Julian Assange has said he should not be extradited to the US for computer hacking because of his ‘award-winning journalism that has protected many people’.
The WikiLeaks founder appeared at Westminster Magistrates’ Court for his first extradition hearing since being hauled out of the Ecuadorian embassy in London where he hid for nearly seven years.
He is charged in the US for scheming with former Army intelligence analyst Chelsea Manning to break the password of a classified Pentagon computer.
The WikiLeaks founder (pictured yesterday) appeared at Westminster Magistrates’ Court for his first extradition hearing today
Protesters at Westminster Magistrates Court today, where Assange’s case was heard today
The Australian, wearing jeans, a dark jacket and light coloured top, appeared via videolink from Belmarsh prison to a packed courtroom today. .
He formally refused to consent to being extradited, during a hearing which lasted a little over 10 minutes.
The 47-year-old said: ‘I do not wish to surrender myself for extradition for doing journalism that has won many awards and protected many people.’
Shortly after Assange was removed from the Embassy on April 11 this year, US prosecutors announced that he had been charged with conspiring alongside intelligence analyst Chelsea Manning to infiltrate a Pentagon computer.
The charge carries a maximum of five years’ imprisonment and relates to Assange’s ‘alleged role in one of the largest compromises of classified information’ in US history.
Prosecutors claim he assisted Manning in cracking a password to help her leak classified records to the whistleblowing website.
Classified documents allegedly downloaded included approximately 90,000 Afghan war-related significant activity reports, 400,000 Iraq war-related significant activity reports, 800 Guantanamo Bay detainee assessments and 250,000 US State Department cables, the court heard.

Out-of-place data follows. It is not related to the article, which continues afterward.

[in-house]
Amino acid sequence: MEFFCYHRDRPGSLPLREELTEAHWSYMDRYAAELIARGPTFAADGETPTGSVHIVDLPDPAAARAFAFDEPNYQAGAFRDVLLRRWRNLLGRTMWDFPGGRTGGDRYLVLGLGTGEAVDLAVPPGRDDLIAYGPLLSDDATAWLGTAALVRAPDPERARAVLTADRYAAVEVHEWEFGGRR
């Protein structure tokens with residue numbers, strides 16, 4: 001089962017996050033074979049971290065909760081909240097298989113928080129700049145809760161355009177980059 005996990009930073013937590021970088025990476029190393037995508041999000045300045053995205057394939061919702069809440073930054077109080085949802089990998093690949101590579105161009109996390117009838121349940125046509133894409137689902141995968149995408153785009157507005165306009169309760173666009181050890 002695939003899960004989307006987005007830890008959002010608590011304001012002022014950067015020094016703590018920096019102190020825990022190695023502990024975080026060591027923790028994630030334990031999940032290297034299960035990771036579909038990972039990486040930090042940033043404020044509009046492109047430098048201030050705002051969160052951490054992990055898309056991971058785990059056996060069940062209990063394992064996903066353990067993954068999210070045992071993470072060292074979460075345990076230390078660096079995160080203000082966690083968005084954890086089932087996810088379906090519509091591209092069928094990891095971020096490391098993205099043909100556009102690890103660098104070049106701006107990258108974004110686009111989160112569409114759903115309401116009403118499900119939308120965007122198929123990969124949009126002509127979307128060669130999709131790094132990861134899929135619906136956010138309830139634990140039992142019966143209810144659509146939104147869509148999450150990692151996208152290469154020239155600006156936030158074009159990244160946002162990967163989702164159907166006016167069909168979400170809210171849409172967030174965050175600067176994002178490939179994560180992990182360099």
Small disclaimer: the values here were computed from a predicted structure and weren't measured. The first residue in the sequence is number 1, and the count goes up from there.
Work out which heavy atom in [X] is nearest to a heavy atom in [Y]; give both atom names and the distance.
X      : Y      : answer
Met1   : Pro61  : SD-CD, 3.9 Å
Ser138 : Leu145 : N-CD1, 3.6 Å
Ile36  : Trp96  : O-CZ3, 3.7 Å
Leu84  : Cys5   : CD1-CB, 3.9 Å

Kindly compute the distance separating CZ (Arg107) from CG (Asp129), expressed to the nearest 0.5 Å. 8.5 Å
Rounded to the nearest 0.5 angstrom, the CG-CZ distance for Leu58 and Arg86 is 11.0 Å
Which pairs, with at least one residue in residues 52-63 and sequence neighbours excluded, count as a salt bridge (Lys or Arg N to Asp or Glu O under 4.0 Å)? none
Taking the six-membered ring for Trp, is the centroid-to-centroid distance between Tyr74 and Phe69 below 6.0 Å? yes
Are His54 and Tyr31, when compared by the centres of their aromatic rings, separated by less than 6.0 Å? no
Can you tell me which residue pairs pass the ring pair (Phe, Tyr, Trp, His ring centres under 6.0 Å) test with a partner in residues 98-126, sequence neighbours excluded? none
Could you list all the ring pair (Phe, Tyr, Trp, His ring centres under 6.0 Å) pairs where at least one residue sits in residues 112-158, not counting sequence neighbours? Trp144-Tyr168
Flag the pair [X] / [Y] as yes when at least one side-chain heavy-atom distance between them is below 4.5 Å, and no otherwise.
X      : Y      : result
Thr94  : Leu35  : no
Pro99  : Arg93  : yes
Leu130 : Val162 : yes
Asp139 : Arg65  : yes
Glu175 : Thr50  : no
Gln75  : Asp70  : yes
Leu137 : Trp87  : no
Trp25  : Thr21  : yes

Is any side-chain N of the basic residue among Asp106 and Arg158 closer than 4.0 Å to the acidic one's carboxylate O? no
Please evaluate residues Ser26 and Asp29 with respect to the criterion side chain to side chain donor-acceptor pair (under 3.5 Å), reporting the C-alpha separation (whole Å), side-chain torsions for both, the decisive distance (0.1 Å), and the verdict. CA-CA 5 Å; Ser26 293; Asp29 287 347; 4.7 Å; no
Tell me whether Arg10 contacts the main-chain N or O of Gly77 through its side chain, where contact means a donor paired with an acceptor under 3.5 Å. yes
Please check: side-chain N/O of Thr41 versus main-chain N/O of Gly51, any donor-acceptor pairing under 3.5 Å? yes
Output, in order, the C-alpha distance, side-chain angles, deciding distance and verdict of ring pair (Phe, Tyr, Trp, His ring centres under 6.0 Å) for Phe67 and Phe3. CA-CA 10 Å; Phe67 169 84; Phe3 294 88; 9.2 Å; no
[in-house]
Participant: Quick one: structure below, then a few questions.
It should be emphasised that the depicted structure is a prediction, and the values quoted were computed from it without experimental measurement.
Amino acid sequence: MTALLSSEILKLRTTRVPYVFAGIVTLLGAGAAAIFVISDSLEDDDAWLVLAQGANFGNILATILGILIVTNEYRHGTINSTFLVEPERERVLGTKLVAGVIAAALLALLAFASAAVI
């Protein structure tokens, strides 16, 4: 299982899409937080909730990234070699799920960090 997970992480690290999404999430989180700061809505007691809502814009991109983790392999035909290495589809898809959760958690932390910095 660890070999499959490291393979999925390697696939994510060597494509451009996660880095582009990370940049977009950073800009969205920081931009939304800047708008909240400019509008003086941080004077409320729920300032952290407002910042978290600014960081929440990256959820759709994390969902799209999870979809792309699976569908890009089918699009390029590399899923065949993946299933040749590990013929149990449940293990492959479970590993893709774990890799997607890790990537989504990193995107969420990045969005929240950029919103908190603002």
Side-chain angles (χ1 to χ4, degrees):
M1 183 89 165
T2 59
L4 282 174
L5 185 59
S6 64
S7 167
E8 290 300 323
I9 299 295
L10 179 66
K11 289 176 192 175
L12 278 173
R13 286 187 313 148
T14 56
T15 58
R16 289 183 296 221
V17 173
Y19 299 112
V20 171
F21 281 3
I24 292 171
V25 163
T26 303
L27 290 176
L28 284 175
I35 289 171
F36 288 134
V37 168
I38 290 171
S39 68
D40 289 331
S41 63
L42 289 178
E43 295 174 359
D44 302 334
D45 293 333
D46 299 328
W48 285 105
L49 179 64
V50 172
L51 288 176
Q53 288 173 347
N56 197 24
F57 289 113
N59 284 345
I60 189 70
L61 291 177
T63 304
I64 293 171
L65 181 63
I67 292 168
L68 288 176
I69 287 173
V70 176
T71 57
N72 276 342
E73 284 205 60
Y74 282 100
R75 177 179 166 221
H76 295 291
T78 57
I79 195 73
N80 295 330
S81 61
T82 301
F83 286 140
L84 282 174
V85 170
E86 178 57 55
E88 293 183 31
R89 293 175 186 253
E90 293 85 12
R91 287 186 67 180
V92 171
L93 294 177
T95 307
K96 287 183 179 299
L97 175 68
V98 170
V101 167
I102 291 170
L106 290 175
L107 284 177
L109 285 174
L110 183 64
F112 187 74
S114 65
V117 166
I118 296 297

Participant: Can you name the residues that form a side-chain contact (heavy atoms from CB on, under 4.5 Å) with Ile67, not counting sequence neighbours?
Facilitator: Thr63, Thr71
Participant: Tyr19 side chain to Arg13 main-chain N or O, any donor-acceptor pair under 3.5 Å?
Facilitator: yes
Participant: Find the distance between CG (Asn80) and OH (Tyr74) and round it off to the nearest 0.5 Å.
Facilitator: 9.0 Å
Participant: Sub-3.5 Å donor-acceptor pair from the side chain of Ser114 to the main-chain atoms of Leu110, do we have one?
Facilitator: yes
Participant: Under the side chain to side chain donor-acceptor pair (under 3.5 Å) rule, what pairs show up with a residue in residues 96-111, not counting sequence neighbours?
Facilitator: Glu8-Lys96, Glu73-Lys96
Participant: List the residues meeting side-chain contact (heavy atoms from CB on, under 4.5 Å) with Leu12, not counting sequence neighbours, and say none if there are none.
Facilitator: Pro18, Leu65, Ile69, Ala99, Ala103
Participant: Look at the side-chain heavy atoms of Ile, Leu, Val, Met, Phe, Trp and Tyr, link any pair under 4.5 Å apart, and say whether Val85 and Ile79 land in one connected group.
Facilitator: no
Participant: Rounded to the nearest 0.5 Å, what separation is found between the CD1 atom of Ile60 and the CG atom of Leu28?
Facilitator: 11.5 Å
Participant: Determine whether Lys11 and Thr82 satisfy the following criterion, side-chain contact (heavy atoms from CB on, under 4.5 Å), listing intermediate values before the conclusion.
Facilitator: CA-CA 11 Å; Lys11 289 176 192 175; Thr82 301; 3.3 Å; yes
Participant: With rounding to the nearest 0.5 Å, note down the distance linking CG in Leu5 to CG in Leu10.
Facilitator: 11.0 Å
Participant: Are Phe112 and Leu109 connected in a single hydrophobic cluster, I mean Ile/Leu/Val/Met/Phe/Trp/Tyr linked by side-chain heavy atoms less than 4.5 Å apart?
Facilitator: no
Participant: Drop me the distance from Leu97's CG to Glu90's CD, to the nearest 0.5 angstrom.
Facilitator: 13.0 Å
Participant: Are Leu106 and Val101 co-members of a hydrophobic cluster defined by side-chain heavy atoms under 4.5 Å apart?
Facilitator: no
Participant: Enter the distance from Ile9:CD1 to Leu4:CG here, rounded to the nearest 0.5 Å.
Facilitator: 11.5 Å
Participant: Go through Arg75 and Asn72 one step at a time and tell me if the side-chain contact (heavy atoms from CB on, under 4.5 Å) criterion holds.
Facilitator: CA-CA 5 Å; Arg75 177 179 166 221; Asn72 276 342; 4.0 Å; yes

District Judge Michael Snow remanded Assange into custody to appear via video link again at the same court on May 30 for a further case management hearing.
Dozens of protesters are outside the court to prepare for the hearing, which took place in a small courtroom despite the crowds of people wanting to watch
The extradition appearance came a day after the 47-year-old was sentenced to 50 weeks’ jail for breaching bail when he failed to surrender to police in 2012.
Assange was convicted of the bail breach after entering the Ecuadorian embassy and claiming political asylum while wanted over allegations of sexual offences in Sweden, which he denies.
A large group of his supporters gathered both inside and outside the court building on Thursday morning to offer solidarity. Some of those who who got inside court three for the hearing had to stand or sat on the floor.
Lauri Love, whose saw his own extradition decision over allegations he hacked US government computer networks overturned by the High Court last year, was among them.
Judges had ruled the extradition of Mr Love, who has Asperger’s ‘would be oppressive by reason of his physical and mental condition’.
The 34-year-old from Suffolk, said he came to court to ‘keep an eye on the process and make sure that it’s done as fairly as possible’.
He said: ‘I’ve been through this whole mill so I am supporting Julian in opposing extradition to the US where I think he would, like myself, not have a very strong chance of having a fair trial.
‘I know how traumatic this ordeal can be, years of having to be afraid of being taken to another country and treated badly.’
The 47-year-old is currently serving a 50-week prison sentence which was issued to him yesterday (where he is seen in a court sketch greeting supporters) for jumping bail in 2012
Yesterday, in mitigation for Assange, Mark Summers QC told the court his client had been ‘gripped’ by fears of extradition to the US over the years because of his work with WikiLeaks.
He said: ‘As threats rained down on him from America, they overshadowed everything as far as he was concerned. They dominated his thoughts. They were not invented by him, they were gripping him throughout.’
Mr Summers said Assange’s fears that he could face rendition from Sweden to the US were well founded and ‘not a figment of his imagination’.
Sweden at the time, he said, had a ‘well documented and unfortunate history’ of sending ‘people to states where they were at significant risk of ill treatment including torture and death’.
There were reports of discussions between Sweden and the US over the matter, Mr Summers said. ‘That’s not a figment of his imagination,’ he added. ‘They were reasonable fears.’